KANSAS CITY, Mo. — “My family and friends … My family and friends …”
Sixteen-year-old Levi Baehr, in dark despair, repeated the words he’d loaded into a suicide prevention app on his smartphone weeks before, fearing moments like this would come.
This was one of his survival plans in a growing national crusade called Zero Suicide.
The movement is marshaling new strategies against rising suicide rates, using smartphone apps MY3 and myStrength to help people build proactive survival plans.
It is intensifying training of professionals who work with people in despair, and compelling more action to take away the means people use for suicide.
These are desperate times for efforts to stop self-inflicted deaths. Many strategies have been deployed to stir awareness and shed the stigma that chokes depression and mental health .
“Nothing has worked,” said Bill Geiss, a Zero Suicide specialist and clinical assistant professor in psychiatry at the University of Missouri-Kansas City. “We are failing miserably.”
The U.S. suicide rate has increased by 7.4 percent. In 2015, 44,193 suicides were completed nationwide.
The notion of achieving “zero suicide” may seem audacious in the wake of these trends, said Scott Perkins, of the Missouri chapter of the National Alliance on Mental Illness.
“We’re changing the culture,” he said. “You wouldn’t want an airline to say they hope to prevent crashes, but they can’t prevent them all. With suicide, the goal should be zero.”
Baehr lives in that changing culture. He believes Zero Suicide support is helping him.
The words on his phone were one of the survival strategies the Lee’s Summit teenager built as part of ReDiscover’s Show Me Zero Youth Suicide program.
With quick taps on a specially designed app, he can instantly call up a link to three people he can reach for help, or tap into hotline resources, or call up pictures and reaffirming thoughts he authored when he felt strong — reasons to stay alive.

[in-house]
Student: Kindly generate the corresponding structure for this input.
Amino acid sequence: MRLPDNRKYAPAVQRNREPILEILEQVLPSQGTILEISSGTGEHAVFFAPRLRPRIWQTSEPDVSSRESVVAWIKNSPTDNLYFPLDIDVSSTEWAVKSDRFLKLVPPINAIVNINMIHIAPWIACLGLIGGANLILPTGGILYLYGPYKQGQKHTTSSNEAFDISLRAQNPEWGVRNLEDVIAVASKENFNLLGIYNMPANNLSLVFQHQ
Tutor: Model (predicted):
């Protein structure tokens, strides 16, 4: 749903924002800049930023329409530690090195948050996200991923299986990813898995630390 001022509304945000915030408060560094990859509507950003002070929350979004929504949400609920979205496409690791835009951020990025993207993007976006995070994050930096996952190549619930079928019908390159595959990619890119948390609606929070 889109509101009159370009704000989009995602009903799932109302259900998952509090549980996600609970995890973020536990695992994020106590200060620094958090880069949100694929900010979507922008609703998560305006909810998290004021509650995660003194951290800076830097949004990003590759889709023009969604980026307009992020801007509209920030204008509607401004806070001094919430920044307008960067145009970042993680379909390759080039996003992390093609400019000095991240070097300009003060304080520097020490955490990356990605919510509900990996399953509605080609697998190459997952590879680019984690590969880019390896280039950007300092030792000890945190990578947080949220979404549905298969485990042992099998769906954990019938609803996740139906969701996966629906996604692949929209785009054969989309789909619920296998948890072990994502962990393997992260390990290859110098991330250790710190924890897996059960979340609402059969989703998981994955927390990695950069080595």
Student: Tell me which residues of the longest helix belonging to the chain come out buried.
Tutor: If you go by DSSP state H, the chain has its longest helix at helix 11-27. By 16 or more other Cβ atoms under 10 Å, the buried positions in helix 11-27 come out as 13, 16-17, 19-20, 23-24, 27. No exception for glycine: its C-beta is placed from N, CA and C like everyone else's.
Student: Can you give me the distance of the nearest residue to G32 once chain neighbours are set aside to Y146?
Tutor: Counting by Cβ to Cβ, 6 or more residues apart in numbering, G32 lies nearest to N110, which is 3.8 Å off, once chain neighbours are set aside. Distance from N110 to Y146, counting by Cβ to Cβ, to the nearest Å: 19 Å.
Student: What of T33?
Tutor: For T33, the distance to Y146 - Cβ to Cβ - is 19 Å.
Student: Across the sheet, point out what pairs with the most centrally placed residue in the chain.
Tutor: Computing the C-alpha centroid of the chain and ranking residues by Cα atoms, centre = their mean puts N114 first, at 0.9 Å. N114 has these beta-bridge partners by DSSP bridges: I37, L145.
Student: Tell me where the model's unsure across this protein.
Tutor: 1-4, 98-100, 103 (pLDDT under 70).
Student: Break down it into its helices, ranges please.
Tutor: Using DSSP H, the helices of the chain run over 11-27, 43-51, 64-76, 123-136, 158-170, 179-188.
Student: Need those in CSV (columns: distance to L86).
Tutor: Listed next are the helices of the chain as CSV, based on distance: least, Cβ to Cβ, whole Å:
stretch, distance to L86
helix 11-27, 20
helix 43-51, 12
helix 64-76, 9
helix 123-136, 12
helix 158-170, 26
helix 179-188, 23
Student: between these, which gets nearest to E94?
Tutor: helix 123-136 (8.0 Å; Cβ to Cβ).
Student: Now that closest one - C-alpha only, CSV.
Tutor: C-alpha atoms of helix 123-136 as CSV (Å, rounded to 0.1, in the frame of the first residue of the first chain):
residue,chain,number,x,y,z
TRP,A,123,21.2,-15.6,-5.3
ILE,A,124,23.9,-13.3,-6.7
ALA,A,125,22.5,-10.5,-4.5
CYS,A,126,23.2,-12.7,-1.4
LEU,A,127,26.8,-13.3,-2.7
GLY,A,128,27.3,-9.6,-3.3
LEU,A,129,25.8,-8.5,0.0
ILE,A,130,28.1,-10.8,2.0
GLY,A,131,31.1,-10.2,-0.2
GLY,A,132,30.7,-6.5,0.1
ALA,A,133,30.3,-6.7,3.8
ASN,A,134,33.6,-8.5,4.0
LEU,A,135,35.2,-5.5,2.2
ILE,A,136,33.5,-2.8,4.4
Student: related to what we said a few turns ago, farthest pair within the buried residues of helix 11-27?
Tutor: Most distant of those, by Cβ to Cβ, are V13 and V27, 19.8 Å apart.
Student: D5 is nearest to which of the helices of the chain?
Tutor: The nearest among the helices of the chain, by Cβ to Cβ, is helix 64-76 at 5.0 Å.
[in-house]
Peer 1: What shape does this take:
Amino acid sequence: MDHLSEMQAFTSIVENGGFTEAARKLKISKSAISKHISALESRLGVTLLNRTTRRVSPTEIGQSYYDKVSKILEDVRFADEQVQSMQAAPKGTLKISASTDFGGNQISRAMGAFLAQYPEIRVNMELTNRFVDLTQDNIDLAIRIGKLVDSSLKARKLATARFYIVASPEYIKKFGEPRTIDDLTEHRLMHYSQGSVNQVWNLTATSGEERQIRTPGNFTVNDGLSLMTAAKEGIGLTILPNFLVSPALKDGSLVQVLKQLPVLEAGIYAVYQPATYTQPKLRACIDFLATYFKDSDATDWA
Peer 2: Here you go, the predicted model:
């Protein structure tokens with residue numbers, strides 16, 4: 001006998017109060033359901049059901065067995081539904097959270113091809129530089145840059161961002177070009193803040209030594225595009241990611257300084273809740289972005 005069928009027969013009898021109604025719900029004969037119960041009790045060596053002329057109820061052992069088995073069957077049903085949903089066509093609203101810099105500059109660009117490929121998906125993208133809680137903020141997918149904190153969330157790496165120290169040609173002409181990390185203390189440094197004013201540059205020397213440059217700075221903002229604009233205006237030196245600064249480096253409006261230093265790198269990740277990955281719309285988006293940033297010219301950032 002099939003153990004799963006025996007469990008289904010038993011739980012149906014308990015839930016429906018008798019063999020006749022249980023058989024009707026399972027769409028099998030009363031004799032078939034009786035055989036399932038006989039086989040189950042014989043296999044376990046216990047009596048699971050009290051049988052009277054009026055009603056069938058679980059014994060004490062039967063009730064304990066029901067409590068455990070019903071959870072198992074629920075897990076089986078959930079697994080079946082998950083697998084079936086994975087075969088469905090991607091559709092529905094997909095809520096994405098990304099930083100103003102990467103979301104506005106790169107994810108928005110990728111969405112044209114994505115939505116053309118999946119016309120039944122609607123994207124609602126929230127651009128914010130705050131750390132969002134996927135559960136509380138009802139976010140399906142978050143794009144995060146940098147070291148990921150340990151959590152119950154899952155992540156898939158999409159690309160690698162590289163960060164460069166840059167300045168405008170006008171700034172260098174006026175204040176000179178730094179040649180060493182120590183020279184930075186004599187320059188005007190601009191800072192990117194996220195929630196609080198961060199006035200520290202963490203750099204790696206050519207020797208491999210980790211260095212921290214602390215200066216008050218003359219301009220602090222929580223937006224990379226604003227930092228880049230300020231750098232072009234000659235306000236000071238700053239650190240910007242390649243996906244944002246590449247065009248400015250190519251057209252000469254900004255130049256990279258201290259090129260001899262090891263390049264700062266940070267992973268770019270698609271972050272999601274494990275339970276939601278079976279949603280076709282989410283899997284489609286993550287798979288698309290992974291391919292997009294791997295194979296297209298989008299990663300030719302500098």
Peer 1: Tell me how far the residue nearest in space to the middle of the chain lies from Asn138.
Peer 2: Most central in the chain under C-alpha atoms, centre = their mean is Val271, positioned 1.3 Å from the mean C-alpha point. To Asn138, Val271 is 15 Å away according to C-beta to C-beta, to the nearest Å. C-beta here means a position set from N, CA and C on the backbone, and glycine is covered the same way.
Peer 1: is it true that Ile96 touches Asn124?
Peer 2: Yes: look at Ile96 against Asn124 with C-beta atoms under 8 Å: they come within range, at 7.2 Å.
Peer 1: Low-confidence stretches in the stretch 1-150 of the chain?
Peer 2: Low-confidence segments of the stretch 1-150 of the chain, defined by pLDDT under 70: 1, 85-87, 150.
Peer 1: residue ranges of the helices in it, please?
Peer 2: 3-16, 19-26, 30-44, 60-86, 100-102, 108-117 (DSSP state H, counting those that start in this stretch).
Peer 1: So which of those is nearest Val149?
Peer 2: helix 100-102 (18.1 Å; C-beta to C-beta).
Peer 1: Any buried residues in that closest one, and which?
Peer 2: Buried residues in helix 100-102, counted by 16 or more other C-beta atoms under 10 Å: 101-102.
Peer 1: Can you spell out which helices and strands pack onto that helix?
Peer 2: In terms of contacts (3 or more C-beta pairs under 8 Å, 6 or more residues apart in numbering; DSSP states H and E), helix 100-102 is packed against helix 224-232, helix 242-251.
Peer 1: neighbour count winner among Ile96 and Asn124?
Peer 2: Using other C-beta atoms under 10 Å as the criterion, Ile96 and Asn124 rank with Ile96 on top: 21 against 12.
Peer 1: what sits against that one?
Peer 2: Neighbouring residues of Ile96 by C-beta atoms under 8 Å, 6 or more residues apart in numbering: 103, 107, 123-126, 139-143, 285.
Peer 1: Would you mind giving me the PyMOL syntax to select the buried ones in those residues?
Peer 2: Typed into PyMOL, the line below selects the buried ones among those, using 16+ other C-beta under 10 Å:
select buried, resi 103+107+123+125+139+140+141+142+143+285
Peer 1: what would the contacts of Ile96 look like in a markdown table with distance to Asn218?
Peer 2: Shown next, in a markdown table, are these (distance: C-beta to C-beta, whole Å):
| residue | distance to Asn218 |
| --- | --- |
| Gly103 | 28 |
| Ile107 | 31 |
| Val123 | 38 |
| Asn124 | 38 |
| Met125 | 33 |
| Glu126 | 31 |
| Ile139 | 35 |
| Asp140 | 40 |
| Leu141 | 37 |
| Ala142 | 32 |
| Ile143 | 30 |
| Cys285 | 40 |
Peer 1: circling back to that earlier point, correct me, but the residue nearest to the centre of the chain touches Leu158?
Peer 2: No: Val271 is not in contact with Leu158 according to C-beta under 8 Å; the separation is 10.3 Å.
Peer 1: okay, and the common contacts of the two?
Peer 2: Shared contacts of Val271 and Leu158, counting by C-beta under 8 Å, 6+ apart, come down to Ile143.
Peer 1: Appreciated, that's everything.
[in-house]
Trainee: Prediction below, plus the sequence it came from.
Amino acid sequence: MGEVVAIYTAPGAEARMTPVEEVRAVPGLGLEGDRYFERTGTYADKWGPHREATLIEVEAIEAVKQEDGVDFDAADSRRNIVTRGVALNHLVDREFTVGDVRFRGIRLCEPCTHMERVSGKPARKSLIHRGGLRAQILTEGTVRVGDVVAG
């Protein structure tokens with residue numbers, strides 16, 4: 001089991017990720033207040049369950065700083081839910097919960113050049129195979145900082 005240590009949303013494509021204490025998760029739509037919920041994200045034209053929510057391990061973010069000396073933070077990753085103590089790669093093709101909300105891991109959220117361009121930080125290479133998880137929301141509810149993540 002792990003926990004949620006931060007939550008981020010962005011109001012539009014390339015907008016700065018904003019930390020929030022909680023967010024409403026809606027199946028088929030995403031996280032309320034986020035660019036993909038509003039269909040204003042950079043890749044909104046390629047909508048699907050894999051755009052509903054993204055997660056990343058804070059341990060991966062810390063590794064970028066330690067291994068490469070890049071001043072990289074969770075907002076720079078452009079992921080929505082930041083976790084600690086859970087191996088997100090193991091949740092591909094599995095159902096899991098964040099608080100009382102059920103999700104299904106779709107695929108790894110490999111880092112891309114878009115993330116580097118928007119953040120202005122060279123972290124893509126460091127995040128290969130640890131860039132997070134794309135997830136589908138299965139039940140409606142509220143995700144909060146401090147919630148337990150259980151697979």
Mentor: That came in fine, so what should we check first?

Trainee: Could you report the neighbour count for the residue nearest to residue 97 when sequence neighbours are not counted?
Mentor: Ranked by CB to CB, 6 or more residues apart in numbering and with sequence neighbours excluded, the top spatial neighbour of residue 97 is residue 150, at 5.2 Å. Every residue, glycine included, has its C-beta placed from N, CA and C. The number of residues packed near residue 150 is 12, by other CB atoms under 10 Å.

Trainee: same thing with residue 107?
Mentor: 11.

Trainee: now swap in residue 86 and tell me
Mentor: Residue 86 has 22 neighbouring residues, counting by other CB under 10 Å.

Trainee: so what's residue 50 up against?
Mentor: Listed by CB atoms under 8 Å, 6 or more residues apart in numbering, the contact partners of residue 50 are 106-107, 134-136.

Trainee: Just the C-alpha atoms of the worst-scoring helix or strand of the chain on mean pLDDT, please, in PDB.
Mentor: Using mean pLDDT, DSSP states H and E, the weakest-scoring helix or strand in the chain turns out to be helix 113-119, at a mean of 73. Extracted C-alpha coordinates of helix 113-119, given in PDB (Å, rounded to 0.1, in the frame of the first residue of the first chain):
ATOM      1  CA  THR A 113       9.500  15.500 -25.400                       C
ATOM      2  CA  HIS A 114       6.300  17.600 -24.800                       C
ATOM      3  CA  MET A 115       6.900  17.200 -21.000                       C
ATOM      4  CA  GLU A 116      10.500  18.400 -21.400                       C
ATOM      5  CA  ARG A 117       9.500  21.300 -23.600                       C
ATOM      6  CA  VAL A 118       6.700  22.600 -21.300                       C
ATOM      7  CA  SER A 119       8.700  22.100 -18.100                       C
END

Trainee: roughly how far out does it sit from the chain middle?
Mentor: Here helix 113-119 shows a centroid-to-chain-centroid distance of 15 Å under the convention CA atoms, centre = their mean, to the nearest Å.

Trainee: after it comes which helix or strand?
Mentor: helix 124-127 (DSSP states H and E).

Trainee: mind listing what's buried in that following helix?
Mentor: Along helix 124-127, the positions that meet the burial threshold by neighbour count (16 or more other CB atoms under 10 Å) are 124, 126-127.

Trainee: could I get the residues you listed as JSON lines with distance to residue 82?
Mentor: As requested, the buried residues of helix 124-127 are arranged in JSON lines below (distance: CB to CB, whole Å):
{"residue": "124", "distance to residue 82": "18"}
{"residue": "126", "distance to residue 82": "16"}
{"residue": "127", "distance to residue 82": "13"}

Some of the people in the Show Me Zero Youth Suicide program write elaborately, or call up memorable verses in preparing their phone pages, said Kirsti Olson, ReDiscover’s suicide prevention liaison.
But Baehr kept his words concise. It’s what he needed, he said.
On that winter day earlier this year, he first called the words up on his phone at school, then retreated to a friend’s house, then found shelter alone in a back bedroom until sleep overtook him.
“I read them over and over again,” Baehr said. “I stared at it for hours … thinking about what they mean to me — how I didn’t want to hurt them.”
The idea of Zero Suicide feels impossible in an Overland Park, Kansas, community center.
Bonnie and Mickey Swade’s Suicide Awareness Survivor Support group gathered 24 people for a regular Tuesday night meeting in the middle of winter.
They are parents, siblings, wives and husbands who know how they tried to stop suicide.
Bob and RoseAnn Brostoski’s son was a physician. He sought out counseling, they said. He was seeing a psychiatrist. Was on a watch list.
“People who kill themselves truly believe everyone will be better off,” RoseAnn Brostoski said.
What chance does a safety plan have, she wonders. She knows the people who surrounded her son, and all the time they spent, “all the hours,” trying to ease his pain.
The Brostoskis want Zero Suicide to work. They want to see lives saved by the safety plans and by healing images and words.
“But you have to accept — we had to accept — the person we love couldn’t access that script for himself,” RoseAnn Brostoski said. “It overwhelmed the damn script.”
The name Zero Suicide came from work that started a decade ago in the Henry Ford Health System in Detroit under C. Edward Coffey, who’s now president and CEO of the Menninger Clinic in Houston.
The most effective strategy, Coffey said, is taking away the means someone has contemplated to kill him- or herself.
Family members, clinicians and friends can learn how someone has contemplated killing themselves, then sweep away the firearms, take the car keys, or remove the ladder or rope.
“They could buy another rope, of course,” Coffey said, “but research shows they don’t. If you can interrupt the idea, it makes a difference.”